FAQ: What is FASE?

Tritec previously manufactured the FASE II fusion splicer, but what is Fixed Alignment Splicing Equipment?

In this section we look at the different types of fusion splicer, explaining the difference between 3-axis fusion splicers and fixed alignment splicing equipment. We describe the techniques used by Tritec in its FASE II splicer and compare the benefits of the different types of splicer.

What types of fusion splicer are there?

The fundamental processes involved during fusion splicing are accurate alignment of the fibres, and the precisely controlled high temperature arc (around 1200°C) created by a plasma between two electrodes to melt and fuse the fibres together as a joint. There are generally 2 types of fusion splicer based on the method of aligning the fibres – 3-axis fusion splicers, and Fixed alignment fusion splicers.

What is 3-axis fusion splicing?

In 3-axis (or cladding alignment) fusion splicing the fibres are viewed through a microscope and camera in two axes (x and y-axis). Precision translation stages accurately align the fibres in the z and x-axis, and the z and y-axis movements respectively prior to fusing. The fibres are brought in to alignment by motors or thumbwheel adjusters.
The core alignment of the fibres is optimised automatically by one of two methods, depending on the design of the splicer.

In a LLID (Local Light Injection and Detection) splicer, the fibres are bent through a sharp radius around special clamps, allowing light to be injected into one and extracted from the other. The system can then manipulate the x and y-axis positions until the light signal is at a maximum, indicating core alignment. An approximation of the splice loss across the joint can also be measured using the same system. 

In a PAS (Profile Aligning System) splicer, the boundary between the core and the cladding is viewed with a small video camera through very accurate optics. Image processing techniques can then measure the core offset of the two fibres and automatic stages again bring them in to alignment. An estimate (by viewing, not measuring) of the splice loss can be made after the fibres have been spliced.

What is fixed alignment fusion splicing?

Fixed Alignment Splicing Equipment is sometimes referred to as a cladding alignment splicer.

As optical fibre is now manufactured to very high standards, the core is consistently central within the cladding (a low concentricity error). A cladding alignment splicer relies on the concentricity of the fibre core to achieve core alignment. Instead of using mechanical adjusters to align the fibres, fixed alignment machines use a precision ceramic V-block to provide cladding alignment. The fixed V-grooves align fibres to within 1 µm.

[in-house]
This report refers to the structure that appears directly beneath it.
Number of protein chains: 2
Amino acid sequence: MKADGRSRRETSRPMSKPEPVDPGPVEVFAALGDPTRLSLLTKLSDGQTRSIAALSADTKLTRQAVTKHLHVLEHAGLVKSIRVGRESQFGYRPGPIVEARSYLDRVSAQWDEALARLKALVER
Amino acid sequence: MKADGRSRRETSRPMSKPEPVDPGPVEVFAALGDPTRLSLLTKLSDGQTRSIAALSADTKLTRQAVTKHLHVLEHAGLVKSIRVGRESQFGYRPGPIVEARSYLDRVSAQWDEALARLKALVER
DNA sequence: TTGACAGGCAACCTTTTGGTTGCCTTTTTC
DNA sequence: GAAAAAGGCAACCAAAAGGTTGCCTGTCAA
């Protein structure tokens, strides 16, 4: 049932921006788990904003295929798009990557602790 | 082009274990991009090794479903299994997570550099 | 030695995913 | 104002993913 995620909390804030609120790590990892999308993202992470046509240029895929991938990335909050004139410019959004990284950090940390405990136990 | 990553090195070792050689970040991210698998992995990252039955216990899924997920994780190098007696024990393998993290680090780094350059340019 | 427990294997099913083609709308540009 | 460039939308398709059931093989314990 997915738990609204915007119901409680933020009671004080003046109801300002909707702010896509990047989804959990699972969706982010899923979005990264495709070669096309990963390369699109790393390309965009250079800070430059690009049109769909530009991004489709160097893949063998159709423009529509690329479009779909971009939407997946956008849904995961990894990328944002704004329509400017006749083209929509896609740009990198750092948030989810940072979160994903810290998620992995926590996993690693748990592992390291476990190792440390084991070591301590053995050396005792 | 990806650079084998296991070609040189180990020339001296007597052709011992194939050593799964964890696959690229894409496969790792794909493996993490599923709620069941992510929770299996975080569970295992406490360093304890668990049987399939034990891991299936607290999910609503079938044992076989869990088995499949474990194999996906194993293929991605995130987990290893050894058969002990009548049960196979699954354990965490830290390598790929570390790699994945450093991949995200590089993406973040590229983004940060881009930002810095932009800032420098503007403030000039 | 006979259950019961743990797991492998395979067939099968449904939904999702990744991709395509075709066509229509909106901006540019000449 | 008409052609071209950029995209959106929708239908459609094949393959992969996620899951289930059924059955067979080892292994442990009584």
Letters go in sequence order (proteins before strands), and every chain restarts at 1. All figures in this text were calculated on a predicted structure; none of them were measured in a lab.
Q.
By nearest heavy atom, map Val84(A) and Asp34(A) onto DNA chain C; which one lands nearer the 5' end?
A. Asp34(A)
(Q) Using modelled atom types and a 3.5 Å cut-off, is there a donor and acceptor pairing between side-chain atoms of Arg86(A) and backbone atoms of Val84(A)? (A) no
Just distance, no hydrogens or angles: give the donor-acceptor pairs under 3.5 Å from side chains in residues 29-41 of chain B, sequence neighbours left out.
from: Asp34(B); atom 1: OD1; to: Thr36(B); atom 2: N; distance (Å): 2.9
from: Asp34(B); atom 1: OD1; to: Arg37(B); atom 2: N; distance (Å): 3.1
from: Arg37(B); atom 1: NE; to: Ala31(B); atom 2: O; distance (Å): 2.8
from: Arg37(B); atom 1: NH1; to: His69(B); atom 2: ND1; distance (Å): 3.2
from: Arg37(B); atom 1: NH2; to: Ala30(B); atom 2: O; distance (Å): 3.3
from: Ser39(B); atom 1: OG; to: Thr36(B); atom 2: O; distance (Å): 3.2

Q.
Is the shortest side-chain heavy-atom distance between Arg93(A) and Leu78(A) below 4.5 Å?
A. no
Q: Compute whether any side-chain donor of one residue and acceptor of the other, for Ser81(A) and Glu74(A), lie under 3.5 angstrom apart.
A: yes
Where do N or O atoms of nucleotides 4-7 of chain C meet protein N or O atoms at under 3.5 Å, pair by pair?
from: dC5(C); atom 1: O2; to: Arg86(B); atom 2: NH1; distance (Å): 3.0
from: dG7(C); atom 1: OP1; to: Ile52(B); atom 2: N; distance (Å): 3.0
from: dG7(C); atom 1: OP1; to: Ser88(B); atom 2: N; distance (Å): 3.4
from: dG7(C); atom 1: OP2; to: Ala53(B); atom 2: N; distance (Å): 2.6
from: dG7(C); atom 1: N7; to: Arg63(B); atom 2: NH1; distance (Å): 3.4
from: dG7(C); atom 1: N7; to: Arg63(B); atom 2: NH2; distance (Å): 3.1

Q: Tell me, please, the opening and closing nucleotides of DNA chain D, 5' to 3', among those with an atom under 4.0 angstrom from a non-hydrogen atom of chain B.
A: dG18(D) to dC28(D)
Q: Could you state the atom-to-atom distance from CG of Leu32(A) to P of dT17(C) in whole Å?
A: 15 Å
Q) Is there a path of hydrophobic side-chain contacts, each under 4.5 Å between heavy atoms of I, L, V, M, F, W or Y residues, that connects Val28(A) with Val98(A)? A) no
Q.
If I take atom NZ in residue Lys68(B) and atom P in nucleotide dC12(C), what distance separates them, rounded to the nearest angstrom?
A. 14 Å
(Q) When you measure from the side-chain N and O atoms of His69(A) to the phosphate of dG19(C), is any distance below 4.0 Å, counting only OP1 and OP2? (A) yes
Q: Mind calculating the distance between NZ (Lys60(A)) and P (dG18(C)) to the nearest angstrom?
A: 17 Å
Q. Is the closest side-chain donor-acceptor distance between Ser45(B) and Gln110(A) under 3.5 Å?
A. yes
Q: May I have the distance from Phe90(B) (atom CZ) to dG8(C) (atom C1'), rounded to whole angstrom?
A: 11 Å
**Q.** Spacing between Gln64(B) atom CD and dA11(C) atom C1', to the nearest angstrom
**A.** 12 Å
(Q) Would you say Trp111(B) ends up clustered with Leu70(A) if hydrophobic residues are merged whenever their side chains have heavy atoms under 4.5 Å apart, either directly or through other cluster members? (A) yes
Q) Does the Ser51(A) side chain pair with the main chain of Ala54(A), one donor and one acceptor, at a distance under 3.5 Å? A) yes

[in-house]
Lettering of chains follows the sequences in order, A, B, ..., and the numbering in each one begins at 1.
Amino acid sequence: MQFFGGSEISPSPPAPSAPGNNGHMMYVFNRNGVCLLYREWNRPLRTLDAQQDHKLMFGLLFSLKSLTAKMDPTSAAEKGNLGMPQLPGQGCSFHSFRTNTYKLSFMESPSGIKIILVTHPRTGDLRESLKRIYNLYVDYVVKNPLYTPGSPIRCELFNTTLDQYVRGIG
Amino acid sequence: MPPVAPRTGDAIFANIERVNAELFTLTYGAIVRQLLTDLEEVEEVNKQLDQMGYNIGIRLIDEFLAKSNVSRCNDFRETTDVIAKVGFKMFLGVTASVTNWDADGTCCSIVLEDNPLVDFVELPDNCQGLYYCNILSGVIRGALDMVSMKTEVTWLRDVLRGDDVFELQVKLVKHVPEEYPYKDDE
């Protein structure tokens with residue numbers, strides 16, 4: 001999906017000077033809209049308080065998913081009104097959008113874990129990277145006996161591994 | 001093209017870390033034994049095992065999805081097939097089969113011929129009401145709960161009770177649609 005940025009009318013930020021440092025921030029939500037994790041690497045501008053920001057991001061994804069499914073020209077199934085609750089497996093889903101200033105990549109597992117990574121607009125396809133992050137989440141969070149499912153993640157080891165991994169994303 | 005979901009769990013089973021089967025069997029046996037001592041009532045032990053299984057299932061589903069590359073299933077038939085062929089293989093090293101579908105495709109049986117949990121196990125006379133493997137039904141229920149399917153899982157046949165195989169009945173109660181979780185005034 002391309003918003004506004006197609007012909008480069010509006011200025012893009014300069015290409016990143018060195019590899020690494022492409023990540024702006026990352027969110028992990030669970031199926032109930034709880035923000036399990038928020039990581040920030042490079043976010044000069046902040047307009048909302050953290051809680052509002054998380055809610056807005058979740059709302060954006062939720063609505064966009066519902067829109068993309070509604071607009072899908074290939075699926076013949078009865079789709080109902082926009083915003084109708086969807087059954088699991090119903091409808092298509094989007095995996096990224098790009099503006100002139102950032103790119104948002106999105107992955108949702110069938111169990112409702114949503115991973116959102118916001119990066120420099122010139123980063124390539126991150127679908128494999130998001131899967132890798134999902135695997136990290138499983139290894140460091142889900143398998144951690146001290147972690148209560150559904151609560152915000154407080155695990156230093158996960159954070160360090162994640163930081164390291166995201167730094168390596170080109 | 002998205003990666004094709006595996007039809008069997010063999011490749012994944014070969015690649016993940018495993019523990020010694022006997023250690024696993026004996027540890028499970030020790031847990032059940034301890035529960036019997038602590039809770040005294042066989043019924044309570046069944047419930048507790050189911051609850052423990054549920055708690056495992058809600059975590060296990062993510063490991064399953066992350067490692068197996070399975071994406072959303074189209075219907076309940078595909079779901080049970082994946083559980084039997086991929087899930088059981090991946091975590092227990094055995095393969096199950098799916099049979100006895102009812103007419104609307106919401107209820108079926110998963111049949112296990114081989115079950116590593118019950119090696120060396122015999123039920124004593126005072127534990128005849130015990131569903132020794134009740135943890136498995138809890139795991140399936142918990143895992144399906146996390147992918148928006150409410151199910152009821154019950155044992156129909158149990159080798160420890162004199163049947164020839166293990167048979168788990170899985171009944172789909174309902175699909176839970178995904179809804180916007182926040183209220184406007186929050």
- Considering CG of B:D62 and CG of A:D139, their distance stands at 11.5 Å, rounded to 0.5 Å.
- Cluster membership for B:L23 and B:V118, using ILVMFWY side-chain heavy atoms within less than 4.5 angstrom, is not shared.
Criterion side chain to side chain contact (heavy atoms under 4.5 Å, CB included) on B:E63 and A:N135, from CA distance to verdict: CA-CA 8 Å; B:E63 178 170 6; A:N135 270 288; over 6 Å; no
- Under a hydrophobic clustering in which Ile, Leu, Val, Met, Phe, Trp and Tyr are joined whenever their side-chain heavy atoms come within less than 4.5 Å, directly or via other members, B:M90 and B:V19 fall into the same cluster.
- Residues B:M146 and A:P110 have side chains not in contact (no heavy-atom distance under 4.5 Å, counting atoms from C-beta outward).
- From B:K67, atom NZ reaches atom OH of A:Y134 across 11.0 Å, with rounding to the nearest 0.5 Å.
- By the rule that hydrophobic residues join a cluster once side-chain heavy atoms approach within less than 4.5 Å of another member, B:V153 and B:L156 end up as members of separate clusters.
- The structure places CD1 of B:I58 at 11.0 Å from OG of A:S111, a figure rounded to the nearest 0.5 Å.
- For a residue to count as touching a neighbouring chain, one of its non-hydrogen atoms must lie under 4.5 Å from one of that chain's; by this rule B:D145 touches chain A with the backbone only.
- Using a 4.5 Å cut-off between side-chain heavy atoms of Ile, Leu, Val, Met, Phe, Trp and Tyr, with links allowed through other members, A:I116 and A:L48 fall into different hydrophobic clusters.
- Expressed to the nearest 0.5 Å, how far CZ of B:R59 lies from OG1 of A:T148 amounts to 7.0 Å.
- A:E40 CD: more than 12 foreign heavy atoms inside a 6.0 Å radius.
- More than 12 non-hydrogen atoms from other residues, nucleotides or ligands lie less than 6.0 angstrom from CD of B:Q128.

As the arc fires the fibres become molten and are then pushed together. To overcome any misalignment problems a fixed alignment splicer uses a long arc time to allow the surface tension effect of the molten glass to bring the fibres into perfect alignment. Using a reciprocating technique called ‘wiggle’ can accelerate this process.

Ribbon splicing

In ribbon fibre between 4 and 16 primary coated fibres are laid side-by-side and sandwiched between two layers of tape. Various network suppliers around the world use ribbon fibre. Hence, the ribbon splicer is a multifibre version of the fixed alignment splicer. There is a precision v-block with between 4 and 16 v-grooves providing cladding alignment. All fibres are spliced at once using an offset arc.

What is ‘Wiggle’?

Unique to the FASE II fusion splicer, the surface tension effect of molten fibre has been increased by the technique of axial reciprocation (wiggle) during the splicing process. 

After the molten fibres have been brought together, one of the fibres is wiggled in and out in a controlled fashion whilst still molten. The fibre is moved backwards and forwards around 5µm, 5 times per second. 

This increases the cladding alignment effect of the surface tension of the molten glass, producing a lower splice loss and a stronger joint. It also helps to diffuse dopants across the splice boundary improving core mismatch problems even further.

As this reduces the length of time the arc has to be fired for, it also increases the number of splices you can make with a fully charged FASE II.

How do the different types of splicer compare?

For splicing single fibres, the big choice is between a fixed alignment splicing system and a core aligning system.

Generally, fixed alignment splicers are less than half the price of three-axis splicers. As a fixed alignment splicer is far simpler in design (with no complex motorised stages), it is far smaller and tends to be more reliable than a three-axis machine. A fixed alignment machine is easier to use and as modern fibres consistently have the core in the centre, cladding alignment still produces low losses. Therefore, the requirement for core-alignment in a splicer is not always essential.

Three-axis video alignment machines can provide an estimate of the splice loss but only for singlemode fibre, and are notoriously inaccurate.

See our other FAQ sections: What is Optical Fibre? and What is Fusion Splicing?